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Film Tells Tale of Climber Who Severed Arm

  • Penelope Poulou

In '127 Hours,' actor James Franco portrays mountain climber Aron Ralston, who severed his own arm after getting trapped in an isolated canyon.

In '127 Hours,' actor James Franco portrays mountain climber Aron Ralston, who severed his own arm after getting trapped in an isolated canyon.

'127 Hours' explores the true-life dramatic decision to escape entrapment and death

In "127 Hours," filmmaker Danny Boyle, the Oscar-winning creator of "Slumdog Millionaire," offers a visceral take on a mountain climber's real life adventure. During a rock climbing trip in Utah in 2003, Aron Ralston gets trapped in an isolated canyon for 127 hours with a boulder on his arm. Facing death, he severs his right arm with a dull knife. Boyle intricately follows Ralston's agonizing hours leading up to the climactic moment of his escape.

Ralston's pain is palpable. As time trickles away, the suffering is magnified by the heat, extreme dehydration, advancing death. For two hours, the audience stays captive with Ralston.

"This marks 24 hours since I'm stuck and chipping away. I have 150 milliliters of water left which would keep me alive until tomorrow night if I'm lucky. So, that's it." These comments are based on the real Aron Ralston's monologues and messages to friends and family he recorded on his video camcorder while trapped.

James Franco offers a complex interpretation of Ralston. He says the real Ralston gave him the tapes to better understand the character's predicament.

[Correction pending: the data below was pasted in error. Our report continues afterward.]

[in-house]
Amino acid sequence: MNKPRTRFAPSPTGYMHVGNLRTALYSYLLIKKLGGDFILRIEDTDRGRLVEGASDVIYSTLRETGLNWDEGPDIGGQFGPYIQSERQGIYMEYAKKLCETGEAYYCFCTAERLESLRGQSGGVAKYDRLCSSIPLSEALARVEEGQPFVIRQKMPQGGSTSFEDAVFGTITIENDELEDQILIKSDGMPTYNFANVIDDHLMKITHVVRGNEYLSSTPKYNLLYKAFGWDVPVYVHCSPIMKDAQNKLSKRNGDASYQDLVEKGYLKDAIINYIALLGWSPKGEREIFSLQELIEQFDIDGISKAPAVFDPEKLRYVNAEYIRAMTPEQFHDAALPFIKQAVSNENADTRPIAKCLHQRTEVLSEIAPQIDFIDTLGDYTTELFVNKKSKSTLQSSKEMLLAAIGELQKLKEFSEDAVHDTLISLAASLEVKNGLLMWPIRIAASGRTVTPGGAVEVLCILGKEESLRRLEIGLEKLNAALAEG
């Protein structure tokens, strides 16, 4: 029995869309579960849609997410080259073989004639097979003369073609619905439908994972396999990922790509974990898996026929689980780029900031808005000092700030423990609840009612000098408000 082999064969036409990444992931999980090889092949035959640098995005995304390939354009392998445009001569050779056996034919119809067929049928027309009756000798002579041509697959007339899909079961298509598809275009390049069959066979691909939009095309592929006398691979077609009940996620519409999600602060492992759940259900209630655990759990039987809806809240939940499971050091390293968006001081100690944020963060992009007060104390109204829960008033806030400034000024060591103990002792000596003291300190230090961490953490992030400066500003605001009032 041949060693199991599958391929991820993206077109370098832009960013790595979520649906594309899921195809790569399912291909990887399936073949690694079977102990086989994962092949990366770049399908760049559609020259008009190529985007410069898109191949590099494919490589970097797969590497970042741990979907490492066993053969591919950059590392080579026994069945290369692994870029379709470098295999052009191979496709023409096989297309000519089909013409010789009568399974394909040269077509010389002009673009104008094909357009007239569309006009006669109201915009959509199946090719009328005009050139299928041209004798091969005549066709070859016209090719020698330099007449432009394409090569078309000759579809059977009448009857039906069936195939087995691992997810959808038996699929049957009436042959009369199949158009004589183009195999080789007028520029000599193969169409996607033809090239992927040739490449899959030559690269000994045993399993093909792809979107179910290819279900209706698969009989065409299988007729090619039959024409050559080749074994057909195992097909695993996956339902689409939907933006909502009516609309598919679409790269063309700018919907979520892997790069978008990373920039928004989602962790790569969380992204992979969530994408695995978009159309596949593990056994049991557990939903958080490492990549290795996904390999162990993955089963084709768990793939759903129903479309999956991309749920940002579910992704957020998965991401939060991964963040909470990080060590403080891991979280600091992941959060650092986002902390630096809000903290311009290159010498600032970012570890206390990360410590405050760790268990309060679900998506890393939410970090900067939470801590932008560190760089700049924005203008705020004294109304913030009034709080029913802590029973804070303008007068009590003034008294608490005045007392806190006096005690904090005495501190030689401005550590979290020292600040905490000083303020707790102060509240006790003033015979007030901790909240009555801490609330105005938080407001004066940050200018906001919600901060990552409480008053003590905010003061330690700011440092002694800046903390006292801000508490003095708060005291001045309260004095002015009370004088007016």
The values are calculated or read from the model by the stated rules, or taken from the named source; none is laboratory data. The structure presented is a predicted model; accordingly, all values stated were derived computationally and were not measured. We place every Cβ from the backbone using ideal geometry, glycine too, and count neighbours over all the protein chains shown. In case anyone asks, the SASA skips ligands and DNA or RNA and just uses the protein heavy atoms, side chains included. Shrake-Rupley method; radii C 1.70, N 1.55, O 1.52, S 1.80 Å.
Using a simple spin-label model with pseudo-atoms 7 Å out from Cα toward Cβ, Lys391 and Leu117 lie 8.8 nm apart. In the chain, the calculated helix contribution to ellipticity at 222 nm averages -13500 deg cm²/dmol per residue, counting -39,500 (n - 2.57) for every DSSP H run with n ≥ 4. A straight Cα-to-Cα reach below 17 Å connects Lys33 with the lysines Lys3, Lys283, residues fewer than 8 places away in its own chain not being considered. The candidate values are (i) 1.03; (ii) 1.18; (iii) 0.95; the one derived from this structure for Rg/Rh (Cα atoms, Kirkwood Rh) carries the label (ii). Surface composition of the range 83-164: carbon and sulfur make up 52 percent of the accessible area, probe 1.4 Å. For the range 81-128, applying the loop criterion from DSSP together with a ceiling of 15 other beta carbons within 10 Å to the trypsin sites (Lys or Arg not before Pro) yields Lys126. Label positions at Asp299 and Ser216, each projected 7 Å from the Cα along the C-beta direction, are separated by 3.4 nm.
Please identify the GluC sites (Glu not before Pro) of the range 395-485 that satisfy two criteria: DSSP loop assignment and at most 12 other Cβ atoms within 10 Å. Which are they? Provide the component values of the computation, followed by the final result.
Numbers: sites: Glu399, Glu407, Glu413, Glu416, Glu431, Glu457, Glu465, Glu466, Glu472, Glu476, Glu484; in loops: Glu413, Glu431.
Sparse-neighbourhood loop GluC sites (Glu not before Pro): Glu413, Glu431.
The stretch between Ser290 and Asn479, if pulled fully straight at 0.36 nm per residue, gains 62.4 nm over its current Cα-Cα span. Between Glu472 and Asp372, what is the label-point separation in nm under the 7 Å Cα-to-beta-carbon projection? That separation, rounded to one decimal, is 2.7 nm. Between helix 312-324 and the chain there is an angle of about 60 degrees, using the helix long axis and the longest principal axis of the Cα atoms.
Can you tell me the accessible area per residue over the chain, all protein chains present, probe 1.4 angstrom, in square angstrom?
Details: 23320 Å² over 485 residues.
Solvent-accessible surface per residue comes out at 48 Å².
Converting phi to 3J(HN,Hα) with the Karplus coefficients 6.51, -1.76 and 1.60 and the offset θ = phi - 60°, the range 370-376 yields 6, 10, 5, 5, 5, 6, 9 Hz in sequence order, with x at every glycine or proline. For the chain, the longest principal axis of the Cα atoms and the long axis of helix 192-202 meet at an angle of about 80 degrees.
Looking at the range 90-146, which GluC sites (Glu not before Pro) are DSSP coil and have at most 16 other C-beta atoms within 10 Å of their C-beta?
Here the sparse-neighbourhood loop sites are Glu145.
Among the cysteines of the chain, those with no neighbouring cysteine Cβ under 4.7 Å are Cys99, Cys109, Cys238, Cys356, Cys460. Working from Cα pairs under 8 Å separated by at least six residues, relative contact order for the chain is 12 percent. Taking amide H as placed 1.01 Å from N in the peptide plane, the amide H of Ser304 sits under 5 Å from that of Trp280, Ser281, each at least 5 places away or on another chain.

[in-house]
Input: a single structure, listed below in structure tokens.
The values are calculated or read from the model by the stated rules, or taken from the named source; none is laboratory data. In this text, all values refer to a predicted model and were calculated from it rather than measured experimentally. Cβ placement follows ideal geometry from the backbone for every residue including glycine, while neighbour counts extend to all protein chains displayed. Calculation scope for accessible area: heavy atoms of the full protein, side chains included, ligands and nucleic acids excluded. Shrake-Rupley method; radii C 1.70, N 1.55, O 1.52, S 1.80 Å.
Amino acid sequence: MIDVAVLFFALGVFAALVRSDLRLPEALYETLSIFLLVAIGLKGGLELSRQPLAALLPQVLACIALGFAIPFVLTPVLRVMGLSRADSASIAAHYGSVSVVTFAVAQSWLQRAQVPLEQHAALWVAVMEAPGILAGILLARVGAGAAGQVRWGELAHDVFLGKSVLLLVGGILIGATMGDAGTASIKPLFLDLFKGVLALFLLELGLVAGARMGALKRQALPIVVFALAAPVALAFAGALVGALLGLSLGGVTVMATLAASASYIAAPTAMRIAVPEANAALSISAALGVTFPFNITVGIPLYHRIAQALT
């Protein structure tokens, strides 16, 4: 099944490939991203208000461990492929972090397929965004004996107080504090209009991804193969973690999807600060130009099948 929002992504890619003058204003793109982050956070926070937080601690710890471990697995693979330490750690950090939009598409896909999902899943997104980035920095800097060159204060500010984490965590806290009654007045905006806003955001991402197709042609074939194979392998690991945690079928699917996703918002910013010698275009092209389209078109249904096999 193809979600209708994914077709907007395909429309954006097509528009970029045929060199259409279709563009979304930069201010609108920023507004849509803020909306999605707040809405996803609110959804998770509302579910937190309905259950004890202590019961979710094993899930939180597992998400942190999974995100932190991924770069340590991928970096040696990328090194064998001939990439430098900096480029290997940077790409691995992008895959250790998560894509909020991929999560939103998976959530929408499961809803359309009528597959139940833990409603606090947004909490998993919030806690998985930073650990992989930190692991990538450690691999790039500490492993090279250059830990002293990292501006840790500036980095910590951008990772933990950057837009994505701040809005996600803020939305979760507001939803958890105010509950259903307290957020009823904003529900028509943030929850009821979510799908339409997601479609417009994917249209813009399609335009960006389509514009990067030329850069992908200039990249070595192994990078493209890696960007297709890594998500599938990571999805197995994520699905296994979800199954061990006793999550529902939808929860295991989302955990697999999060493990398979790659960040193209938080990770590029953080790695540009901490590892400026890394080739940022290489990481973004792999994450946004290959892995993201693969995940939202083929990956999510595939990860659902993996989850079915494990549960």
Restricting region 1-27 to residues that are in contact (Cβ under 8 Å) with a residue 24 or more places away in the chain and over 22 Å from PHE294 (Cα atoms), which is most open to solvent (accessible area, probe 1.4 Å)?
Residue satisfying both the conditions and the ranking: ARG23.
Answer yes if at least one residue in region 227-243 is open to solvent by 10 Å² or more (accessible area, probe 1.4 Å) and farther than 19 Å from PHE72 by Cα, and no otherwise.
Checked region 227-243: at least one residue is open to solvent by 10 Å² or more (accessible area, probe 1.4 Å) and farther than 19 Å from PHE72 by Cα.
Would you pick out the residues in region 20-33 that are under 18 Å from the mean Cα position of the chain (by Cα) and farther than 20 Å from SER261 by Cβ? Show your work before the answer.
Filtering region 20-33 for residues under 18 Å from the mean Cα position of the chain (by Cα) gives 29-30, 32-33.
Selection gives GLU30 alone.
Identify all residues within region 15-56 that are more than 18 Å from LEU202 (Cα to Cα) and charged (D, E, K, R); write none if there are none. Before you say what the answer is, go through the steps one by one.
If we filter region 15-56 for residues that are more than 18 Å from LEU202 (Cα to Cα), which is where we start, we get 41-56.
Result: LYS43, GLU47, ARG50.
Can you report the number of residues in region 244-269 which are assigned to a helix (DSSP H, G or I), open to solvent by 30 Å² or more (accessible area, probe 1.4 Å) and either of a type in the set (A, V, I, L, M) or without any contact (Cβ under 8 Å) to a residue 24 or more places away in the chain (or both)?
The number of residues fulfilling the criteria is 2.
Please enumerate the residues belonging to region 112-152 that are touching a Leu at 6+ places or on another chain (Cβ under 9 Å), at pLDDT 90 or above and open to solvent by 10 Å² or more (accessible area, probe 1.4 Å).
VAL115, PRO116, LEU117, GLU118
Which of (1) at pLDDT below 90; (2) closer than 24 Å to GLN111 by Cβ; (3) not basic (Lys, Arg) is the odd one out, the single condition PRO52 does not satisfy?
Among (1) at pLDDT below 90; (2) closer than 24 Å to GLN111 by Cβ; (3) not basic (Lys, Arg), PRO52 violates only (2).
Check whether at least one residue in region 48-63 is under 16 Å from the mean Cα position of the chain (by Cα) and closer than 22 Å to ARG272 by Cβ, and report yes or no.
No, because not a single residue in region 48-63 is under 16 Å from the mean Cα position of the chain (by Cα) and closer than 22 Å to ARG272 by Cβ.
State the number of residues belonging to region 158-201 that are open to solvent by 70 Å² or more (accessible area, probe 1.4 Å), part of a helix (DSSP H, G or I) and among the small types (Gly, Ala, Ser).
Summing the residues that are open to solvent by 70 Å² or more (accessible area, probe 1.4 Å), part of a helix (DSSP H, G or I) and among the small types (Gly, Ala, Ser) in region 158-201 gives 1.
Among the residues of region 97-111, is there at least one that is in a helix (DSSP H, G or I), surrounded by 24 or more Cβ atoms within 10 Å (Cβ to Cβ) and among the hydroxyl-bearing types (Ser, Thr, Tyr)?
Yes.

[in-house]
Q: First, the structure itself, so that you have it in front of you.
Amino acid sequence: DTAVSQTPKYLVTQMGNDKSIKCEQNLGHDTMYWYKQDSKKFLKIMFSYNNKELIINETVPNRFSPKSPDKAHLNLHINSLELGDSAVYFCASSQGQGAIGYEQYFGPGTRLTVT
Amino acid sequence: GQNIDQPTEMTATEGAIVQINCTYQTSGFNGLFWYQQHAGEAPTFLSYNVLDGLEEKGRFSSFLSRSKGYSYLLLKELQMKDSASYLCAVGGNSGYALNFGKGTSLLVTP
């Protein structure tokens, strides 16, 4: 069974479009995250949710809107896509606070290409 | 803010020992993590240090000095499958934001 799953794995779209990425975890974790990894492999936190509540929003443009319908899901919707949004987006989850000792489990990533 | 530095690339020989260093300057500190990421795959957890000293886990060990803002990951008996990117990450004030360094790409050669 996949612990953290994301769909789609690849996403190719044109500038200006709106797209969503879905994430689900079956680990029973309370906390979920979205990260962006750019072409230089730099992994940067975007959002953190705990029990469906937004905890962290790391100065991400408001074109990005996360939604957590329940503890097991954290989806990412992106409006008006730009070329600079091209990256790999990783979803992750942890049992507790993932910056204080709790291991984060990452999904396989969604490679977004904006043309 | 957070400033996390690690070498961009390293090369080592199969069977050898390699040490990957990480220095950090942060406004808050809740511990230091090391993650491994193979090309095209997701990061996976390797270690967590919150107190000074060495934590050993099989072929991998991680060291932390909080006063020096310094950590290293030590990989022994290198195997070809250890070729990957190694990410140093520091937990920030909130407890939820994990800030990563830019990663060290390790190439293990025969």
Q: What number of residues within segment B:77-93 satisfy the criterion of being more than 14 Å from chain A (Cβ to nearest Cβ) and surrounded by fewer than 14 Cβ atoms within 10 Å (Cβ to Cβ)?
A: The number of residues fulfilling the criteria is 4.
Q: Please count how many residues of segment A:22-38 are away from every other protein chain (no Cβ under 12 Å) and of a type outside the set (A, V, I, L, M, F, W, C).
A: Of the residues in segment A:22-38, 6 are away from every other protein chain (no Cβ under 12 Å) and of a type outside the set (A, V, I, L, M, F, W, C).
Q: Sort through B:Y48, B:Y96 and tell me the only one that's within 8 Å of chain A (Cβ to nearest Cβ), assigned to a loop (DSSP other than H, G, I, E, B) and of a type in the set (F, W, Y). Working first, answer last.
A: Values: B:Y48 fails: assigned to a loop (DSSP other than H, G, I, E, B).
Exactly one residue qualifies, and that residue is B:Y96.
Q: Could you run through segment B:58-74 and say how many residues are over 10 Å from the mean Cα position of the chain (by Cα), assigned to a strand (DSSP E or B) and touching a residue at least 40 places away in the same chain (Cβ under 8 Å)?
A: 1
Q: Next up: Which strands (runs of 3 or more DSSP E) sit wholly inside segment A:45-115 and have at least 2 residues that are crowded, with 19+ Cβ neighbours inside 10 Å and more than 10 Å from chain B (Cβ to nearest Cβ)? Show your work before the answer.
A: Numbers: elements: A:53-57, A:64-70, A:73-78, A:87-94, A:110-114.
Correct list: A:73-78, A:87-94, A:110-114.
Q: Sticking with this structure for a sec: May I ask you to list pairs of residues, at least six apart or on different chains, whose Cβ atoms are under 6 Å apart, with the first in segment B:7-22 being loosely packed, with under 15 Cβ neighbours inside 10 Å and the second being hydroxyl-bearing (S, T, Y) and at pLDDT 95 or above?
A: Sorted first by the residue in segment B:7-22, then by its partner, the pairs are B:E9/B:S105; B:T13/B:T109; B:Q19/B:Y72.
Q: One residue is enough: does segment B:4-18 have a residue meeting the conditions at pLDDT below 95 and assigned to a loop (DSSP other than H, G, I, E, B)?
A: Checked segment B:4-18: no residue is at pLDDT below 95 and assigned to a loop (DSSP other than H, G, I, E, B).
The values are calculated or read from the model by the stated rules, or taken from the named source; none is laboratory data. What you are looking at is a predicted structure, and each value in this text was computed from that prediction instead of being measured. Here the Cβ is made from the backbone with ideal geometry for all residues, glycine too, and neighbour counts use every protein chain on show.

"I got to see him in that spot, not knowing that he was going to get out. It's a glimpse into his life where he thought he was going to die," says Franco.

Director Boyle uses natural landscape as the film's backdrop and makes it into one of the movie's characters.

The once confident, self-sufficient Ralston is now helpless, vulnerable next to the eternal rocks. Most of the film was shot inside the canyon featuring the trapped main character. That, Boyle says, was a challenge.

"The danger with the stillness he has is that the film could easily become inert. One of the things you can do is music," says Boyle.

Adrenaline-pumping music underscores stark images. Other techniques to get the movie flowing are split screens showing the main character and people in his life at different times, flashbacks.

Boyle says his main character is not alone in that cave. In his mind's eye, he is surrounded by people who propel him to survive.

"Everybody has their boulders that they may have to make difficult decisions about or overcome," he says.

The filmmaker immerses his audience in a long graphic scene when Ralston severs his arm.

"In the book it takes him over 40 minutes. It's not something that you can do quickly, especially in the circumstances he found himself in with a blunt knife."

The end of the film is as intense as its beginning. Life overcomes death and Ralston lives, a more complete person than before.

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